Last Updated: May 1, 2022
It’s National Hurricane Preparedness Week! It’s time to get ready for Hurricane Season in the Atlantic Basin which runs from June 1 to November 30 each year. Check out these great tips from the National Weather Service to help you determine your personal hurricane risk, find out if you live in a hurricane evacuation zone, review/update insurance policies, prepare your home and business and gather emergency supplies. If you live in hurricane-prone areas, now is a good time to get ready.
According to the Federal Emergency Management Agency (FEMA), hurricanes have caused eight of the ten costliest disasters ever in U.S. history. Just a few inches of water and/or strong winds can cause tens of thousands of dollars in damage. Throughout the season, forecasters watch hurricanes as they develop hundreds of miles off the coast. While we may be alerted that a hurricane is coming, often, we don’t know the impact it will have on a community until well after landfall. To ensure the safety of you and your family, don’t wait until it’s too late to prepare; know your zone.
1. Determine Your Risk
The threats from hurricanes to you and your family can vary widely depending on where you live. It’s not just those along the coast that can experience significant, life-threatening impacts. Evaluate what you need to do to protect your home and family now, before the first storm of the season even forms.
2. Develop An Evacuation Plan
Take some time to create or edit your hurricane evacuation plan. The first thing you need to do is find out if you live in a storm surge hurricane evacuation zone or if you’re in a home that would be unsafe during a hurricane. If you are, figure out where you’d go and how you’d get there if told to evacuate. You do not need to travel hundreds of miles. Identify someone, perhaps a friend or relative who doesn’t live in an evacuation zone or unsafe home, and coordinate with them to use their home as your evacuation destination. Be sure to account for your pets, as most local shelters do not permit them. Put the plan in writing and/ or type it up and save it online and back it up on the cloud.
Zones by State
3. Assemble Emergency Supplies
Just having enough supplies to make it through a hurricane isn’t enough. You need plenty to make it through what could be a LONG recovery period too. Water and electricity could be out for a week or more. Have enough non-perishable food, water and medicine to last each person in your family for a MINIMUM of three days. Also make sure you have extra cash, a battery-powered radio, flashlights, and a portable crank or solar powered USB charger to charge your cell phone.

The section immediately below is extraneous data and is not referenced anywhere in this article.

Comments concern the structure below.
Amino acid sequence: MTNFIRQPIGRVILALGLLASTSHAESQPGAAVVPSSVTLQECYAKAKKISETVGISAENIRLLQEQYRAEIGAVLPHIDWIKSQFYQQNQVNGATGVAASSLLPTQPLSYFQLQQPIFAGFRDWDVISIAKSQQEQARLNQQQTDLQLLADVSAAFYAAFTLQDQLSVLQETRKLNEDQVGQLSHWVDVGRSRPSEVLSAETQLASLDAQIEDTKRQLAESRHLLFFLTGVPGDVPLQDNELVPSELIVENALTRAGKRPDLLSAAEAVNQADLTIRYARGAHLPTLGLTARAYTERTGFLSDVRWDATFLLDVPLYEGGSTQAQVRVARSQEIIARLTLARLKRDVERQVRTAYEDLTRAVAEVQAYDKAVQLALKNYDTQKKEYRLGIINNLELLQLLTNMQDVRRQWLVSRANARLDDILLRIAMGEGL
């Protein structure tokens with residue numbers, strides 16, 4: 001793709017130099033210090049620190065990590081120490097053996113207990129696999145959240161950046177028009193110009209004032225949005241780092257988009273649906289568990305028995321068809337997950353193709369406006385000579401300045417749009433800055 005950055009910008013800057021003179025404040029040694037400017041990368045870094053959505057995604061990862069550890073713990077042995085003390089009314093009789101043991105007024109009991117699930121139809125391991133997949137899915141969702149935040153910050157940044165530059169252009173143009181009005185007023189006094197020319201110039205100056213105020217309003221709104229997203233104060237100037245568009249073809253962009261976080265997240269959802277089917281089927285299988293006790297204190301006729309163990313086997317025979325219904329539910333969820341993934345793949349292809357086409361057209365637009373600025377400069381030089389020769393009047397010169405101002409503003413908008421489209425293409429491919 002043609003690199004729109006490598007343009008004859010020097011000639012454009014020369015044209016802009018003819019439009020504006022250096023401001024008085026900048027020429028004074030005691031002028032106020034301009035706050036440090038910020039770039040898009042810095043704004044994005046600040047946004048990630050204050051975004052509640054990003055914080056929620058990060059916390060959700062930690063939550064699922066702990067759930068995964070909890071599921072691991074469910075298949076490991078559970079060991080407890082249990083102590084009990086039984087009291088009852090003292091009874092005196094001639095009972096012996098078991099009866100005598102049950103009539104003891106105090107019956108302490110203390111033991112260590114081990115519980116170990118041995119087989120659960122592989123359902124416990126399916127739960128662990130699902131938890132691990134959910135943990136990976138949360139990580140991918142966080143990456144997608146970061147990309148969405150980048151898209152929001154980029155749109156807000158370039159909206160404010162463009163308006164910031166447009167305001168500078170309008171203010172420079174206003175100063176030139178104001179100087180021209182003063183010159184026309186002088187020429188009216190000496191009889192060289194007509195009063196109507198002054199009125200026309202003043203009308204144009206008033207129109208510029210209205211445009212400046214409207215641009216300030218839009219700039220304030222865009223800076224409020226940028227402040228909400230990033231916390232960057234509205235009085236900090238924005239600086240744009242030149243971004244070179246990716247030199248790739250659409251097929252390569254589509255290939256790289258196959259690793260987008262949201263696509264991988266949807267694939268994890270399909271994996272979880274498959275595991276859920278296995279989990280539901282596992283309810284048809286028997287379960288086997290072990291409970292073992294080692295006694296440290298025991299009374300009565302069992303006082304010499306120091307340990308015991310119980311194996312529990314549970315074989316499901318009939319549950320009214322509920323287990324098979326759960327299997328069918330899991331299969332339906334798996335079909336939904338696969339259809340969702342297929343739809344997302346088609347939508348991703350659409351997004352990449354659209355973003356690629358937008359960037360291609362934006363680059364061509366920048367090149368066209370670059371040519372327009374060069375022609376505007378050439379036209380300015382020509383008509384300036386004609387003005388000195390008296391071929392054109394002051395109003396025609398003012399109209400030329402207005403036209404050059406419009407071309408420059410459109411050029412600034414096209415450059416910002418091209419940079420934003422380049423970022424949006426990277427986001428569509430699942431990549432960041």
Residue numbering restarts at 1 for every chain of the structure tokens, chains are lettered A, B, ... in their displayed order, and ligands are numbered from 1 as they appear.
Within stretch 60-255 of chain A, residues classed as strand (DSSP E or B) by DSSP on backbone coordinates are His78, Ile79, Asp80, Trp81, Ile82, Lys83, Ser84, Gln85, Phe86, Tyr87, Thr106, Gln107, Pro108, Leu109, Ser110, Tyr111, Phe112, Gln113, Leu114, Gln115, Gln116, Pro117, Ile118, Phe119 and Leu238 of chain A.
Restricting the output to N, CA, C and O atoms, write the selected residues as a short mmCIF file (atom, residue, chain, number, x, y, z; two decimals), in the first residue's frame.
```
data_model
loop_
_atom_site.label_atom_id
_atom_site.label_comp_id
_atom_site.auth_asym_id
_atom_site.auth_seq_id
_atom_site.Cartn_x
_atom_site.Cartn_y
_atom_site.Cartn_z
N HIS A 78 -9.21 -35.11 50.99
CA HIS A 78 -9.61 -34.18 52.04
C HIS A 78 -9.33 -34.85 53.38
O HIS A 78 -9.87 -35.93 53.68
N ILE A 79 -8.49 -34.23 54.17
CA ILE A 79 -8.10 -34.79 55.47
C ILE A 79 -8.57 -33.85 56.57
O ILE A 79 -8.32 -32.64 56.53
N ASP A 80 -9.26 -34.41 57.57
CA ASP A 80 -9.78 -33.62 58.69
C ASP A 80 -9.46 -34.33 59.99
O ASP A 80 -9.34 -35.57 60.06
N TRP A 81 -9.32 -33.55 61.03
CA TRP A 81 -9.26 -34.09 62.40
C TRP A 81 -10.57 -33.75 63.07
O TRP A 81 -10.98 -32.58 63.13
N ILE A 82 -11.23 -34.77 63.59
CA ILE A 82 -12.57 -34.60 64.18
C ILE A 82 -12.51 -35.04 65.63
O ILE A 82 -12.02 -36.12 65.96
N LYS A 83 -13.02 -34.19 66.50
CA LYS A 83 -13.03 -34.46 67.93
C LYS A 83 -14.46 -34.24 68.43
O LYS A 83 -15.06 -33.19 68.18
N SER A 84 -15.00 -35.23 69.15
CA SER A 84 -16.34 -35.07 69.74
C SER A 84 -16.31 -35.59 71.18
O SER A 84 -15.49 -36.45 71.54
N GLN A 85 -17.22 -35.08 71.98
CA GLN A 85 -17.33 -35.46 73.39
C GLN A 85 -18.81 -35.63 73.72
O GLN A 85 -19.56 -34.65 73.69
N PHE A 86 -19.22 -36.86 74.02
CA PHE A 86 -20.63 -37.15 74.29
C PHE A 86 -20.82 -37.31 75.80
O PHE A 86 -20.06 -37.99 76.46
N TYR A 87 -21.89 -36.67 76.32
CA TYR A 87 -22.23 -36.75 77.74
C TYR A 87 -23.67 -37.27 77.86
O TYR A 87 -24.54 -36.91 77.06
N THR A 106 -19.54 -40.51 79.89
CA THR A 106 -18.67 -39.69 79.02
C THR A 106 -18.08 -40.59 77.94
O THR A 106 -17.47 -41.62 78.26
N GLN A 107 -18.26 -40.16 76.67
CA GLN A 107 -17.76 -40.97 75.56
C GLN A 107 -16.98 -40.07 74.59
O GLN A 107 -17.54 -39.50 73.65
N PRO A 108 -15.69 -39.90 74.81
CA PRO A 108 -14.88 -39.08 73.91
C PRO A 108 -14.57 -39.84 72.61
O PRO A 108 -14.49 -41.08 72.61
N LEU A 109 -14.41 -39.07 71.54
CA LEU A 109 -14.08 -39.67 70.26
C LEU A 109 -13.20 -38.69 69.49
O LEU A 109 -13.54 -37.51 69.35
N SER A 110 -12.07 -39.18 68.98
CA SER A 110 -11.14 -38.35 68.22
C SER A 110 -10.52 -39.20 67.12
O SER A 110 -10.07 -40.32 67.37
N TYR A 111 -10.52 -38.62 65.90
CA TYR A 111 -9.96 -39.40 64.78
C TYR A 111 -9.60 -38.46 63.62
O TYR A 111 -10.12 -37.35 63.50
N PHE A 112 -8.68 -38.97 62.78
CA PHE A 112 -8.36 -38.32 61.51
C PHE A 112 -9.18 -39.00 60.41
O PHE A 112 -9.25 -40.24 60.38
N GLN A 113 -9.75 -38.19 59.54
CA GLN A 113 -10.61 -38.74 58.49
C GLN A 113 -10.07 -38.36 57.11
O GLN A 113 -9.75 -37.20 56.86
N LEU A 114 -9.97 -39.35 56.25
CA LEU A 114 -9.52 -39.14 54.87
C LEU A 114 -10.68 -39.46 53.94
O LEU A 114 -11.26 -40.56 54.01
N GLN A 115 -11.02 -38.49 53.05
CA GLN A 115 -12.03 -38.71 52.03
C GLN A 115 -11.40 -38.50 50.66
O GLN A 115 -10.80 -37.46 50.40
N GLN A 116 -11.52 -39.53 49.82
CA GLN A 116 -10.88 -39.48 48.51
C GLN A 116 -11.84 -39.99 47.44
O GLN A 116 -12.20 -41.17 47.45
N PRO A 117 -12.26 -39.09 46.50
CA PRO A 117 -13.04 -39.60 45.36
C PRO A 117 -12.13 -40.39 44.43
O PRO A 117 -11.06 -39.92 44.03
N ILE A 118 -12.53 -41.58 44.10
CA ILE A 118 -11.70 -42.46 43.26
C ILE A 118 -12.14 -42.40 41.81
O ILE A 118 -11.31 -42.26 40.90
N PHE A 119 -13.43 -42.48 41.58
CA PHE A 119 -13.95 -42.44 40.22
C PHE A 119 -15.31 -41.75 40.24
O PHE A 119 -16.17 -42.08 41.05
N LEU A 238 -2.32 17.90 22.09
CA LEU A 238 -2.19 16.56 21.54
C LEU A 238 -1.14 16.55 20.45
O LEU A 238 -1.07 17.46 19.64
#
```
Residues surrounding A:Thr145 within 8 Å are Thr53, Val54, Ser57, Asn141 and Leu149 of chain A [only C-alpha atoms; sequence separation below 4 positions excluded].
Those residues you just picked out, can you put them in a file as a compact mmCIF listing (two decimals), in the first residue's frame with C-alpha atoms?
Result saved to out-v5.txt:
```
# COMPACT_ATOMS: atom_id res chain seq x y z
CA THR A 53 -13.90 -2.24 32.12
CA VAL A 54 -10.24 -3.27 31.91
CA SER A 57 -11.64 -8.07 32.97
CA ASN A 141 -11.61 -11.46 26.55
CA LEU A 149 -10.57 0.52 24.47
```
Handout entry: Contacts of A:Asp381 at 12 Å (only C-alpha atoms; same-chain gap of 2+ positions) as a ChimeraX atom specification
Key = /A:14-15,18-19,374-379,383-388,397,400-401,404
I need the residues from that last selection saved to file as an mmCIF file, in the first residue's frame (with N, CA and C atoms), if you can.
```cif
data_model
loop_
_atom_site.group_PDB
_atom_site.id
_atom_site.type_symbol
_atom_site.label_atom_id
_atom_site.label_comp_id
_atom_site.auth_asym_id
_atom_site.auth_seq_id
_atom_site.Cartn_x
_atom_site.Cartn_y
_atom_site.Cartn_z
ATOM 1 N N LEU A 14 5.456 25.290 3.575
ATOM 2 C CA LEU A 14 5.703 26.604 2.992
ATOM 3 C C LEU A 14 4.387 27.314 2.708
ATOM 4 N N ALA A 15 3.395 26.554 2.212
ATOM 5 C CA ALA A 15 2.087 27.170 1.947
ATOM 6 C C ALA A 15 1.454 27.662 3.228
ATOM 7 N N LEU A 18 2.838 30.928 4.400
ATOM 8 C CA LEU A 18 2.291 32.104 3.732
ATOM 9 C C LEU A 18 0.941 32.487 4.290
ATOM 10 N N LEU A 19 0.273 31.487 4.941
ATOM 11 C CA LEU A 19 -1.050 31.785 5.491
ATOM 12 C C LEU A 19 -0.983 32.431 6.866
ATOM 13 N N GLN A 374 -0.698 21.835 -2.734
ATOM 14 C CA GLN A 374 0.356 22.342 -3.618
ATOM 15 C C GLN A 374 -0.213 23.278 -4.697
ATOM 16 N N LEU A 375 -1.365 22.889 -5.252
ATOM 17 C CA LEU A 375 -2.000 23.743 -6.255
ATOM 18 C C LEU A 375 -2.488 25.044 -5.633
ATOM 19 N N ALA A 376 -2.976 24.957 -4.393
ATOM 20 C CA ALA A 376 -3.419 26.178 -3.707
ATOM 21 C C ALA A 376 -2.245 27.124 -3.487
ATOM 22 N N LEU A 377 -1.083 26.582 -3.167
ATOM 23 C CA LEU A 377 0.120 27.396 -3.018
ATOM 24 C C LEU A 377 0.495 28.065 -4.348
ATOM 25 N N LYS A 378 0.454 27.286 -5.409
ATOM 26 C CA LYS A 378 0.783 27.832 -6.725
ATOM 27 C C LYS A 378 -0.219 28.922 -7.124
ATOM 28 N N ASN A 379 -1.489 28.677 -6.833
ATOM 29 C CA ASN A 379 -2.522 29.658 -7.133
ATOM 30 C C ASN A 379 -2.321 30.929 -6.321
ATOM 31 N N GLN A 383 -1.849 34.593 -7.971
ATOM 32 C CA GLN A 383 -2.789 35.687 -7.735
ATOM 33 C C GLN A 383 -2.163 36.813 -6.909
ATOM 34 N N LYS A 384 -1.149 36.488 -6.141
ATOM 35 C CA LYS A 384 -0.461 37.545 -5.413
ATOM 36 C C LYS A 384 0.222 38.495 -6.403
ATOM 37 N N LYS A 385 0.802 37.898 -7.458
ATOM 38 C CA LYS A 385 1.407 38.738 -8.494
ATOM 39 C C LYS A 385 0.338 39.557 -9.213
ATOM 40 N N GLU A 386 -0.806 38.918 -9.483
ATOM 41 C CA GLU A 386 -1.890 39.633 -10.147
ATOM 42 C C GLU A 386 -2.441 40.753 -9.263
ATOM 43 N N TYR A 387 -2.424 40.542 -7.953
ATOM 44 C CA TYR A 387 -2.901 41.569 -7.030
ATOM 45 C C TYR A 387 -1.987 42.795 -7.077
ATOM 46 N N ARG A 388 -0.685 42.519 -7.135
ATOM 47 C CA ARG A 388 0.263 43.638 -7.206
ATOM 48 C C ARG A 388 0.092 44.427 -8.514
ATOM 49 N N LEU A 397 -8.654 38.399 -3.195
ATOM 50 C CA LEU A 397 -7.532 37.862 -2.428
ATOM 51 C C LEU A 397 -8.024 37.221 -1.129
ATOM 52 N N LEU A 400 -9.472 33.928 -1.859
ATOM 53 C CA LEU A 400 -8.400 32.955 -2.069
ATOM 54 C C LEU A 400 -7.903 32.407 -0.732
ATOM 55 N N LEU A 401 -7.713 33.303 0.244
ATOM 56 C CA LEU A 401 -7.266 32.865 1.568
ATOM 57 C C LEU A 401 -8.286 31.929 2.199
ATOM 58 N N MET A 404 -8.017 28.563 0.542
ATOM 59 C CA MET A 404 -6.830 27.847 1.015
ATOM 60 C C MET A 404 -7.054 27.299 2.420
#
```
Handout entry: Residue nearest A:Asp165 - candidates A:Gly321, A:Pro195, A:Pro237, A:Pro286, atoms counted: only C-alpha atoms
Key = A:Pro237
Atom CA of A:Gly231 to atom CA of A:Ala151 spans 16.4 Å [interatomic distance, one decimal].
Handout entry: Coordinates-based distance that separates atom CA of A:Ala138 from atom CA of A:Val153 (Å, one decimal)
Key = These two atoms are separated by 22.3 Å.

4. Review Your Insurance Policies
5. Prepare Your Property
There’s a lot you can do around your home to help protect it from hurricane winds. Take action now before hurricane season begins. Have the proper plywood, steel or aluminum panels to board up the windows and doors. Remember, the garage door is the most vulnerable part of the home, so it must be able to withstand high winds.
6. Help Your Neighbors Plan Ahead
Many people rely on their neighbors after a disaster, but there are also many ways you can help your neighbors before a hurricane approaches. Learn about all the different actions your community can take to prepare and recover from the hazards associated with hurricanes.
7. Complete Your Written/Typed Plan
8. Download Local & National Weather Alert Apps
Sign up for local alerts on your phone. Visit Ready.Gov Alerts and learn how to search for local alerts and weather apps that are relevant for hazards that affect your area. Download the FEMA app for disaster resources, weather alerts, and safety tips. Sign up now so you’re prepared when the weather gets worse.
At Home Repair, LLC, we have definitely witnessed our share of hurricanes over the last 30 years. Being prepared is one of the best things you can do to protect yourself, your family and your property. We proudly serve property owners in Maryland, New Jersey, Pennsylvania and Virginia. It’s important to know your risk level and zone, even in areas where hurricanes aren’t common. Previous hurricanes including Sandy, Irene and Agnes have proven that the effects can spread to areas inland, including statewide power outages and costly property damage. Together, we can do our best to be prepared and mitigate risk.
#HurricanePrep #HurricaneStrong #HurricaneSafety
- National Weather Service: Hurricane Preparedness Tips
- Find Your Evacuation Zone
- CDC: Health & Safety Guidelines
- FEMA: Mobile App
- FEMA: National Flood Insurance Program
- FEMA: What is Mitigation?
- Ready.Gov: Alerts
- Ready.Gov: Community Preparedness & Neighbors
- Ready.Gov: Emergency Preparedness Kit
- Ready.Gov: Make A Plan